Franklin and Marshall College has been designated the public repository for the research collection of the Johannes Schwalm Historical Association (JSHA) an organization dedicated to the history of "Hessian" soldiers from the German principalities of Hesse-Cassel, Hesse-Hanau, Waldeck, Brunswick, Anhalt-Zerbst, and Ansbach-Bayreuth who served as auxiliaries to the British crown during the American Revolution (1775-1783) and who became citizens of the new United States after the war. Available to interested researchers are family history materials, journals, monographs, and manuscripts documenting German-American families, history and culture. A complete inventory of the collection can be viewed here. The collection does not have information concerning "Hessian" or German immigrants who came to North America outside of this context, either earlier in the 18th century or afterward, nor do we have original German military or church records.
(Please note that Franklin and Marshall College does not administer the JSHA certificate program, publish the JSHA's journal The Hessians: Journal of the Johannes Schwalm Historical Association, publish the website jsha.org or otherwise have responsibility for fulfilling the mission of the JSHA. All inquiries not related to the research collection as listed should be directed toward the JSHA)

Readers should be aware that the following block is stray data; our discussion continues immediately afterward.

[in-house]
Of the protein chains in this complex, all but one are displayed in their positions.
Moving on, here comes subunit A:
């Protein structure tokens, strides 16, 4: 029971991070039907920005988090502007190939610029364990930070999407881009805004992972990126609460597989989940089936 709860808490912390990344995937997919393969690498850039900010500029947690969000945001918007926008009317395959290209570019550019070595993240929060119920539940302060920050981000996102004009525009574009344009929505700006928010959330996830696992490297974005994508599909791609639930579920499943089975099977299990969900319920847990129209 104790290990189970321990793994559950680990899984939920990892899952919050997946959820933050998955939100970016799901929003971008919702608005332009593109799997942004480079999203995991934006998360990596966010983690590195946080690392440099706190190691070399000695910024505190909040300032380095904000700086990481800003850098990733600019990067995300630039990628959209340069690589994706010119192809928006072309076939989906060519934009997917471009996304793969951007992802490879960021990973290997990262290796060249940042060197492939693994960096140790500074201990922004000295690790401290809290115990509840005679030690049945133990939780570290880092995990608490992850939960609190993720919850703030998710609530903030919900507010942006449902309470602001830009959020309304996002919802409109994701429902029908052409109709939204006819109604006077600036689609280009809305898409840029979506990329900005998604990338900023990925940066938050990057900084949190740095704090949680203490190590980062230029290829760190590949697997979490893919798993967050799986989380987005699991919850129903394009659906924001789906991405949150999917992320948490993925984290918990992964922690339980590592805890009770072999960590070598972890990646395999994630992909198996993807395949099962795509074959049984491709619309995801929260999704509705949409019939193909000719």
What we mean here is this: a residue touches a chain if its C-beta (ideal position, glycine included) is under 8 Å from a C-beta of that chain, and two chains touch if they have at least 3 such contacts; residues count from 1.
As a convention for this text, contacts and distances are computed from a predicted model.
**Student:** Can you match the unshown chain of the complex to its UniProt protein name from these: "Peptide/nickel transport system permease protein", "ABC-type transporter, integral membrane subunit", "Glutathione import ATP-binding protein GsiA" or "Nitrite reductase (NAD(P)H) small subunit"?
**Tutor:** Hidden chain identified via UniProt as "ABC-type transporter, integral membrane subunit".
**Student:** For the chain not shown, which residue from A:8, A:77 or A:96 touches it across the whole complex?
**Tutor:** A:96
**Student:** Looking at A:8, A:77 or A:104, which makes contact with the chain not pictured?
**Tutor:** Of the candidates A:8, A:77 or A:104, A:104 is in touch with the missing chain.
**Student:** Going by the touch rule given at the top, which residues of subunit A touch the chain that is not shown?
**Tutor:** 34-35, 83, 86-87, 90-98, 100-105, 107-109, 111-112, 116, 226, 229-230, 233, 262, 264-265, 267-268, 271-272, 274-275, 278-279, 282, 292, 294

Due to the heavy volume of requests and limitations on staff time, we can no longer answer genealogical inquiries or offer photocopying services of files or materials from this collection by email, phone, or mail - including vetting or describing available materials. All persons are welcome to schedule an appointment to visit the Archives and Special Collections to conduct in-person research using the collection (wherein photocopies can be made). However, since the collection is secondary in nature and there is limited information available on specific soldiers, it is not recommended that persons make a special trip from long distances just to use the collection, as they are likely to be disappointed. In general, the collection is more helpful to those beginning their Hessian soldier search and those seeking information on the soldier's life in North America than for those who already have a great deal of information or are looking for information on their ancestor's prior life in Germany. Persons unable to visit the collection in-person may choose to enlist the services of a local professional genealogist in researching your ancestor using this collection. A list of researchers is provided through the Association of Professional Genealogists. (We cannot/will not offer recommendations or endorsements of any particular researcher.)
Please note that in many cases the material that we do have on file does not contain much more than what is listed on the JSHA's online registry or in published profiles and articles in the JSHA's Journal. This is especially the case concerning a Hessian's German origins and antecedents in which we have very little information. When looking for a name (including those not listed in our inventory or in the JSHA registry/journal) standard sources that you should consult via your local library or interlibrary loan include: